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A focus group is a moderated discussion. It typically involves 5 to 10 participants. Researchers usually select participants based on specific traits or characteristics, including:
By using a focus group, you will learn about users’:
- Reactions to ideas or to prototypes
However, you do not learn how users really work with websites and what problems users have with those sites.
Focus groups are a traditional market research technique. Marketing departments are often more familiar with focus groups than with usability testing or contextual interviews. However, the techniques produce different kinds of information.
In a typical focus group, participants talk; you hear them tell you about their work. In a typical usability test or contextual interview, users act; you watch (and listen to) them doing their work.
When conducting a focus group:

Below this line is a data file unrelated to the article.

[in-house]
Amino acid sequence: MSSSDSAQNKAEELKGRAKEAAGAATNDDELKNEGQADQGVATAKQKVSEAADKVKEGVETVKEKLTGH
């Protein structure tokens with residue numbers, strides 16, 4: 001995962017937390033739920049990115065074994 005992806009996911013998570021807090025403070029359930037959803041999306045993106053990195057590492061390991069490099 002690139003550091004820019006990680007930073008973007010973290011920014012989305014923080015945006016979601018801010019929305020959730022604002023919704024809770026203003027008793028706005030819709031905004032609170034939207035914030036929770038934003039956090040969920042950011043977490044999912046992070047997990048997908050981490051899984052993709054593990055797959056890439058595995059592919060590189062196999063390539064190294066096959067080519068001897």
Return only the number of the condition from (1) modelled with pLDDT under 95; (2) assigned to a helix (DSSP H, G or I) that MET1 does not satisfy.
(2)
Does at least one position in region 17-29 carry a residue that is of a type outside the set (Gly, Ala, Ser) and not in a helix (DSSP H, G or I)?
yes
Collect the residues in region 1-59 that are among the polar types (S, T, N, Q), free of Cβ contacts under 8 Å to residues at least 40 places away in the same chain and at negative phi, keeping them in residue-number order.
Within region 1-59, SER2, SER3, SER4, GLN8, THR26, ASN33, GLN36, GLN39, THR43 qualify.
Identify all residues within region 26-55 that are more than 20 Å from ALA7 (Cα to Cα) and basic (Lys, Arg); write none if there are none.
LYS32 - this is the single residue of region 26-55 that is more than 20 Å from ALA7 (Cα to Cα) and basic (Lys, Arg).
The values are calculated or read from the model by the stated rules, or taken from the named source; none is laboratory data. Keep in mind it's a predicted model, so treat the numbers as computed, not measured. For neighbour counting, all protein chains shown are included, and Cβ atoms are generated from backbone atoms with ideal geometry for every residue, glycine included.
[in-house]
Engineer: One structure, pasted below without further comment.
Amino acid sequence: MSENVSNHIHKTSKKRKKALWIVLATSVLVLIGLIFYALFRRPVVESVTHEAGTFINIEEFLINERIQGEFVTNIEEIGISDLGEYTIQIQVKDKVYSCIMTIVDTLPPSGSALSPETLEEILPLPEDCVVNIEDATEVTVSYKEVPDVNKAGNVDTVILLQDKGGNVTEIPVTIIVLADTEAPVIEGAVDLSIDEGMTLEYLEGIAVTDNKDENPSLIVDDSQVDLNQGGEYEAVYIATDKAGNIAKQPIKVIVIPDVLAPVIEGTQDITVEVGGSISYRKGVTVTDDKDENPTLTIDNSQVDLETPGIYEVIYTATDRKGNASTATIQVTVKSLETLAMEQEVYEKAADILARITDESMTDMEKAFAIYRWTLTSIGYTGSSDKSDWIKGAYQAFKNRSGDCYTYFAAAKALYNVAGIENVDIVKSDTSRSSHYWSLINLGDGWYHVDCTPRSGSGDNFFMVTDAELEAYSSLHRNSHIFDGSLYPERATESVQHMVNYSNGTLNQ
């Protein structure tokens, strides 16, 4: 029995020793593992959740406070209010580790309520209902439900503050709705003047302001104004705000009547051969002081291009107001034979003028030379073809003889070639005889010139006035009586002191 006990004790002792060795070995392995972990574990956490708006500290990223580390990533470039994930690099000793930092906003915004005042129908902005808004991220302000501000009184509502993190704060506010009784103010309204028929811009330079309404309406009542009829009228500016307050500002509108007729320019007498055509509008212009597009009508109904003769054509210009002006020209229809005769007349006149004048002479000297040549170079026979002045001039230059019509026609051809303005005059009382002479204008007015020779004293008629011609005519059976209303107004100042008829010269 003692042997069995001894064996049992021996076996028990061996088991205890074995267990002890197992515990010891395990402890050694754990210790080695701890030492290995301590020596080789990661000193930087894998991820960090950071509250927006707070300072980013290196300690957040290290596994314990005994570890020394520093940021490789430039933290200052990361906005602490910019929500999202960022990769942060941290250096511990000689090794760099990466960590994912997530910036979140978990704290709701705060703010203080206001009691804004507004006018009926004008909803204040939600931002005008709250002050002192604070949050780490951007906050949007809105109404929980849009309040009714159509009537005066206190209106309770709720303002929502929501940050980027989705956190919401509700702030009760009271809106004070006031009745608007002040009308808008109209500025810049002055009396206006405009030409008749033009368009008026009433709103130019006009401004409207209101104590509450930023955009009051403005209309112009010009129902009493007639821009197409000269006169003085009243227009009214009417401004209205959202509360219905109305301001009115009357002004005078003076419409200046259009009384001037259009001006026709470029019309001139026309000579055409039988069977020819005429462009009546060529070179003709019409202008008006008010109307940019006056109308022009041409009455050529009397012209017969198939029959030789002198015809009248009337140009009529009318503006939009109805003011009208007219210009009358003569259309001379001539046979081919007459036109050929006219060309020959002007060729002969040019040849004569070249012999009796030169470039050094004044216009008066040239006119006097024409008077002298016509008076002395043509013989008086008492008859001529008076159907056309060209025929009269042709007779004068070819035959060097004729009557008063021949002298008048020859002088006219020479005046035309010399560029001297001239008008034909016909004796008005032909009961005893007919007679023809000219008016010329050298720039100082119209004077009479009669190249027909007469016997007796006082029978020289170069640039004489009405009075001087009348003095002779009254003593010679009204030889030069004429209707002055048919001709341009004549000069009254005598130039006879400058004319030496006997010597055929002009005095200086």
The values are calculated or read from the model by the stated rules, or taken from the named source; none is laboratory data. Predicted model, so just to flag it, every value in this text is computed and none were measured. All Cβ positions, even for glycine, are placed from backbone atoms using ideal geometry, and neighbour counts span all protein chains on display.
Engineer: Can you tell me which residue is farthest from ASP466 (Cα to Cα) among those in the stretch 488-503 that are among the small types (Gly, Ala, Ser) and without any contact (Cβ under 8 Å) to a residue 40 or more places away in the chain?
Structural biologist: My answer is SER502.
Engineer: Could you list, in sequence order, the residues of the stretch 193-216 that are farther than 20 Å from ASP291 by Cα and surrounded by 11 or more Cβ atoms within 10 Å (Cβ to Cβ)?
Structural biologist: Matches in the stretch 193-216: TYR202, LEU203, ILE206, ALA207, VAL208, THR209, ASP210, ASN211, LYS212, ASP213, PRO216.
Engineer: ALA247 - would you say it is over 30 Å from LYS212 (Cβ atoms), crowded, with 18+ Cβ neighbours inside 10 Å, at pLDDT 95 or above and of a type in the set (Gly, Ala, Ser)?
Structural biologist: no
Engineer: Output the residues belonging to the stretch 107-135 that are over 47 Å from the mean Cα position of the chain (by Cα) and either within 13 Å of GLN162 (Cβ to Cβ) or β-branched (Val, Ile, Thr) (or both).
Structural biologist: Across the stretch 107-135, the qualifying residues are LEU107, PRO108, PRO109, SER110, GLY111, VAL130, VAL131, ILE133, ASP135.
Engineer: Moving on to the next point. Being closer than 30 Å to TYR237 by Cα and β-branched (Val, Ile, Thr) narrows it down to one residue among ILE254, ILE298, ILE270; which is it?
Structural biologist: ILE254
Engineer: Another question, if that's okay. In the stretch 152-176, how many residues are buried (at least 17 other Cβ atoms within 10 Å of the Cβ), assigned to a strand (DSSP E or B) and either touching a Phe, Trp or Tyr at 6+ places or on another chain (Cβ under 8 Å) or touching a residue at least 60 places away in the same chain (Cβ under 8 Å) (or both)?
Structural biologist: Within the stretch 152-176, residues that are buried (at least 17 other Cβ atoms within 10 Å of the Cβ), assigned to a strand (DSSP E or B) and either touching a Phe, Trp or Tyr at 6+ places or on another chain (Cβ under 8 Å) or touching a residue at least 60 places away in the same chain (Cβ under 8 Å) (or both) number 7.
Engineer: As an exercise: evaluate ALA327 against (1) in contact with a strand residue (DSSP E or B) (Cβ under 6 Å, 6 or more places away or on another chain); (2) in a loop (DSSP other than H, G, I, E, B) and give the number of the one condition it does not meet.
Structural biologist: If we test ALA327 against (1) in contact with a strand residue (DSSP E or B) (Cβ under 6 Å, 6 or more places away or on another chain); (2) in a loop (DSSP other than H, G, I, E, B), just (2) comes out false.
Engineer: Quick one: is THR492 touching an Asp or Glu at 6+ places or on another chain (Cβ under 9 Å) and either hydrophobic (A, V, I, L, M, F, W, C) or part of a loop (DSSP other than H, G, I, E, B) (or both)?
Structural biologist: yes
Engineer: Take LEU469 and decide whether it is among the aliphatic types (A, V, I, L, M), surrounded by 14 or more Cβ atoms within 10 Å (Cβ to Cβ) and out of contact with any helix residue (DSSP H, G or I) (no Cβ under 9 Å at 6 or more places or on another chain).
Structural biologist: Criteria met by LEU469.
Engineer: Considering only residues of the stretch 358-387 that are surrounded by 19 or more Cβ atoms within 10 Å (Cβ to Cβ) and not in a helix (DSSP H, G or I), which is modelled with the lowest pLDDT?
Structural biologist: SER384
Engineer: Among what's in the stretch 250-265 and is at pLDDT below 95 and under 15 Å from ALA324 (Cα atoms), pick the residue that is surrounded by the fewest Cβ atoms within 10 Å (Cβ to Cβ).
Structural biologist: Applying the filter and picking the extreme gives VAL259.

- Decide on the range of topics you would like to cover before the session
- Pretest questions to ensure they are clear and logical
- Develop open-ended questions to encourage discussion
- Arrange questions in a way that flows naturally
- Hire a skilled moderator to facilitate the discussion
- Create a script so the moderator knows what to ask and which topics to cover
- Allow the moderator to change the order of questions and topics to keep the discussion flowing smoothly
- Plan to spend about two hours with the group
- Tape the sessions
- Have one or more note taker to ensure everything is captured